Pakistan's President Pervez Musharraf has told a meeting of the Organization of the Islamic Conference in Islamabad that Muslim nations must stop blaming others for their troubles and solve their own problems. VOA correspondent Benjamin Sand reports from Islamabad.

Delegations from all 57 members of the Organization of the Islamic Conference attended Tuesday's opening session in Islamabad.

The 38-year-old group is the leading coalition of Muslim nations.

In unexpectedly blunt opening comments, Pakistani President Pervez Musharraf said the meeting comes as the Muslim community faces unprecedented challenges, many of them self-imposed.

"The crises confronting the Islamic world are not only external but also internal, flowing from our own weaknesses, our own vulnerabilities, our own divisions within," he said. "The Islamic world is on a downward slide and we must face this."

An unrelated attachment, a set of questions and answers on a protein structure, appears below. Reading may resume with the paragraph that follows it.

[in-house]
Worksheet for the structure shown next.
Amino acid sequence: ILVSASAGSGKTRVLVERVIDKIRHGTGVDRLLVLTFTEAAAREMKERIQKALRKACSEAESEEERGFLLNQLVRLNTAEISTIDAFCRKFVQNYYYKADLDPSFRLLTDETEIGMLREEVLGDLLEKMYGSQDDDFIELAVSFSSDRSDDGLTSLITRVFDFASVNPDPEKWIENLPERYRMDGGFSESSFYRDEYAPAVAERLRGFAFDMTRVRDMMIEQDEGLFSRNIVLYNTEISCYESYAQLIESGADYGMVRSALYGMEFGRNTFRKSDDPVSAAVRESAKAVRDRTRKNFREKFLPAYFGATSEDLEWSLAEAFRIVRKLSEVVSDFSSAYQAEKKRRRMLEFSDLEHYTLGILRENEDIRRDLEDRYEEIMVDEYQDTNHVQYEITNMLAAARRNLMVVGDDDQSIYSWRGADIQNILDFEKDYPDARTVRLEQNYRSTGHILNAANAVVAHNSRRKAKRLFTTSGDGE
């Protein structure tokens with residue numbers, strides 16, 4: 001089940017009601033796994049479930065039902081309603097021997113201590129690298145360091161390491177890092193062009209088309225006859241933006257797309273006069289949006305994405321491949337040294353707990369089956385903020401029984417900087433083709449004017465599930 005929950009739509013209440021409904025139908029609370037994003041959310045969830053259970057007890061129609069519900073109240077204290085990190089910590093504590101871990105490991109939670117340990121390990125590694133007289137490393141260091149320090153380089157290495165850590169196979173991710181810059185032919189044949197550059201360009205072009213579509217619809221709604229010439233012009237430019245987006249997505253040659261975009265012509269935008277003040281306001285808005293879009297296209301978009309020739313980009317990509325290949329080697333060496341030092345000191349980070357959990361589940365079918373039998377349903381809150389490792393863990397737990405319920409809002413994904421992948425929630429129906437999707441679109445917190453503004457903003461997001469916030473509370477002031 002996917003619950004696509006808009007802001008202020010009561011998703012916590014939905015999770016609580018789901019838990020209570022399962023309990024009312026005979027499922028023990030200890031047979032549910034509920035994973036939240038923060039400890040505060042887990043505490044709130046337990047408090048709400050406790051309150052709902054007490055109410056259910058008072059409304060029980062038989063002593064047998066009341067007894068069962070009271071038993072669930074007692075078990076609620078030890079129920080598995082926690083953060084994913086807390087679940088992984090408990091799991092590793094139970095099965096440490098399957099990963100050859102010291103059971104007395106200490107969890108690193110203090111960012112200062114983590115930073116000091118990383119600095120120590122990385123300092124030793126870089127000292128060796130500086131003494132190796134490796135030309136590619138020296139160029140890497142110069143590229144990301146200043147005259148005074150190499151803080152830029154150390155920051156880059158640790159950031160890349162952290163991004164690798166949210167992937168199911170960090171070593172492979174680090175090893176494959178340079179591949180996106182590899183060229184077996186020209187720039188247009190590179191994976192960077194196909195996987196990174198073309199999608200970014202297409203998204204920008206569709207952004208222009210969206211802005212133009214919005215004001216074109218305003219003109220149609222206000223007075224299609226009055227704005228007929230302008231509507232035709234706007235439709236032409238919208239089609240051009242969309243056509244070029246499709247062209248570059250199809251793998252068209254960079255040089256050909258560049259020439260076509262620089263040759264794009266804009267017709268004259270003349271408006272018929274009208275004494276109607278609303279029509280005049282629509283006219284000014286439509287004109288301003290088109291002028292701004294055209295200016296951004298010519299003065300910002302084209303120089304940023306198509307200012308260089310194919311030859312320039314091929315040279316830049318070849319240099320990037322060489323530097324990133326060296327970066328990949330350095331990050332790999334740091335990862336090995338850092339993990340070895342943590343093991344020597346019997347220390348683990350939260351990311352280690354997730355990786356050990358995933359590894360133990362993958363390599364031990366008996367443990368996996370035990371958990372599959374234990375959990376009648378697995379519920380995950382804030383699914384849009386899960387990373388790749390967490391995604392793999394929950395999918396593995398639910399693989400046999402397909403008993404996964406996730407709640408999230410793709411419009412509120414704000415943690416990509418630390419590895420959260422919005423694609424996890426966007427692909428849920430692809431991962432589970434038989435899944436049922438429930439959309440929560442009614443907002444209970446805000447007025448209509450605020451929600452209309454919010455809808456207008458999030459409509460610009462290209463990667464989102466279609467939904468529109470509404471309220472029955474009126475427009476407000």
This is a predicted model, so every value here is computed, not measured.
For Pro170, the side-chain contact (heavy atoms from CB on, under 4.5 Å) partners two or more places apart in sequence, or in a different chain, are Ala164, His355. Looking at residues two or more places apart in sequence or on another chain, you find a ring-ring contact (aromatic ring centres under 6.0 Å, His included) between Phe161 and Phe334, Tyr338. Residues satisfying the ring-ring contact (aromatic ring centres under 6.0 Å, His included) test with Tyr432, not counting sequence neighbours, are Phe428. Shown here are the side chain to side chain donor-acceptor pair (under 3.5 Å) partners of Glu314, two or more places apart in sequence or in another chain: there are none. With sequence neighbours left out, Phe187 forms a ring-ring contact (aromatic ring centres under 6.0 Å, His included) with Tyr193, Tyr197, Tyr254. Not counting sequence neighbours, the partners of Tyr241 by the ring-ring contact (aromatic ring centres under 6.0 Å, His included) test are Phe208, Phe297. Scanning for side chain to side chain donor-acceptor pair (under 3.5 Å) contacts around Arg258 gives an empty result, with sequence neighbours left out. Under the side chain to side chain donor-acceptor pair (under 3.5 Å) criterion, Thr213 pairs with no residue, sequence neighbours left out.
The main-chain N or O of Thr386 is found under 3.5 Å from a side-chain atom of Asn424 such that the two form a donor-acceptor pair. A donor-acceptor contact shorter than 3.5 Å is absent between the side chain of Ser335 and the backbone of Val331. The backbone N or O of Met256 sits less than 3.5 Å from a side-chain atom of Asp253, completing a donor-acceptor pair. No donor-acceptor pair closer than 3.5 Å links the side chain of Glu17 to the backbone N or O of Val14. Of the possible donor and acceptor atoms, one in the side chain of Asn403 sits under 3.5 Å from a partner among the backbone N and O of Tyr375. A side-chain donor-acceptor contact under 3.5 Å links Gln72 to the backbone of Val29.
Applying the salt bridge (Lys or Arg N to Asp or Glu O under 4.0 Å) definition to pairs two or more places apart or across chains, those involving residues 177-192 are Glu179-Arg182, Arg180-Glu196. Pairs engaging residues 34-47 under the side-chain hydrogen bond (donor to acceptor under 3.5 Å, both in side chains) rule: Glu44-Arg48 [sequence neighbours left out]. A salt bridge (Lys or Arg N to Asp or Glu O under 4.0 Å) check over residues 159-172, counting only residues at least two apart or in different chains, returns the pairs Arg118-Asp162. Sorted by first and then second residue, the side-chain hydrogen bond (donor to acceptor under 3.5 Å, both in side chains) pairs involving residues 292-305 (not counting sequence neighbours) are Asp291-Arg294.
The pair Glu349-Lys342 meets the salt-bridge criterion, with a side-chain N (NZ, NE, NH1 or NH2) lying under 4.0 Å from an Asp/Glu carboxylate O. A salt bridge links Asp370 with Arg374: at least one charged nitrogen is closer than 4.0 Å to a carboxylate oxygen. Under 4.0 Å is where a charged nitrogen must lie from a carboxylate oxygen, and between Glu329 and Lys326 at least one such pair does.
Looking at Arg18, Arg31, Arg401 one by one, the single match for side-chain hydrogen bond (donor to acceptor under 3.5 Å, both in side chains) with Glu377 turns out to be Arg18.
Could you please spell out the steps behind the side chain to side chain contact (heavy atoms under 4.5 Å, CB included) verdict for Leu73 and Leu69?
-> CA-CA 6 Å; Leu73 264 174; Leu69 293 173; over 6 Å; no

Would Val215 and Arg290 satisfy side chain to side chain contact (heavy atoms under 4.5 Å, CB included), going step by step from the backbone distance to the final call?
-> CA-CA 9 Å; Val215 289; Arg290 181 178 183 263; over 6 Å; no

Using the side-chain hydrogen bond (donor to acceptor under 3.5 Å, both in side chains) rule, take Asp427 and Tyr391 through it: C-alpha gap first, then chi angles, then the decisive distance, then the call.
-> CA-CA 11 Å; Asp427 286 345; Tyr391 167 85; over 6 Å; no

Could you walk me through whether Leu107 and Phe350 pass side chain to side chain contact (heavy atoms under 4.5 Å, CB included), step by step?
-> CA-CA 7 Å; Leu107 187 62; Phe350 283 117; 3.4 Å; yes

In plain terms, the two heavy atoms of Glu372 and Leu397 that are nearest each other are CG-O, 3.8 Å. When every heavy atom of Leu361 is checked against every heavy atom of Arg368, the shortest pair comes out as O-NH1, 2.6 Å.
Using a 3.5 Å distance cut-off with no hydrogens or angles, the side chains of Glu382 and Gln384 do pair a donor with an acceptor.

General Musharraf said Islamic countries have failed to invest in education and lag far behind the rest of the world in literacy and economic growth.

The president also lashed out at Muslim hardliners who he blamed for fueling Western fears of the Islamic world.

"While the world views Islam as a militant, intolerant religion, this thought is reinforced by our own extremist forces," he said.  "We are in a state where these semi-literate clerics are closing the minds of people."

The president urged the Islamic Conference to completely revamp its charter so it can more effectively represent and revitalize Muslim nations.

He said wealthier members of the group should step up their support for lesser-developed Muslim countries.

General Musharraf also called for an end to "outside interference" in Iraq and proposed an all-Muslim peacekeeping force to help patrol the country.

A similar proposal was previously raised by U.S. diplomats but failed to attract support from Islamic countries.

President Musharraf has been a key ally in the U.S.-led war on terror but faces increasing criticism from U.S. officials.

His comments Tuesday come as domestic opposition to his military-backed government has swelled and political analysts here suggest retaining U.S. support may be critical to his political survival.

Pakistan says 600 delegates are attending the conference from the 57 members of the OIC and observer groups. The meeting ends on Thursday.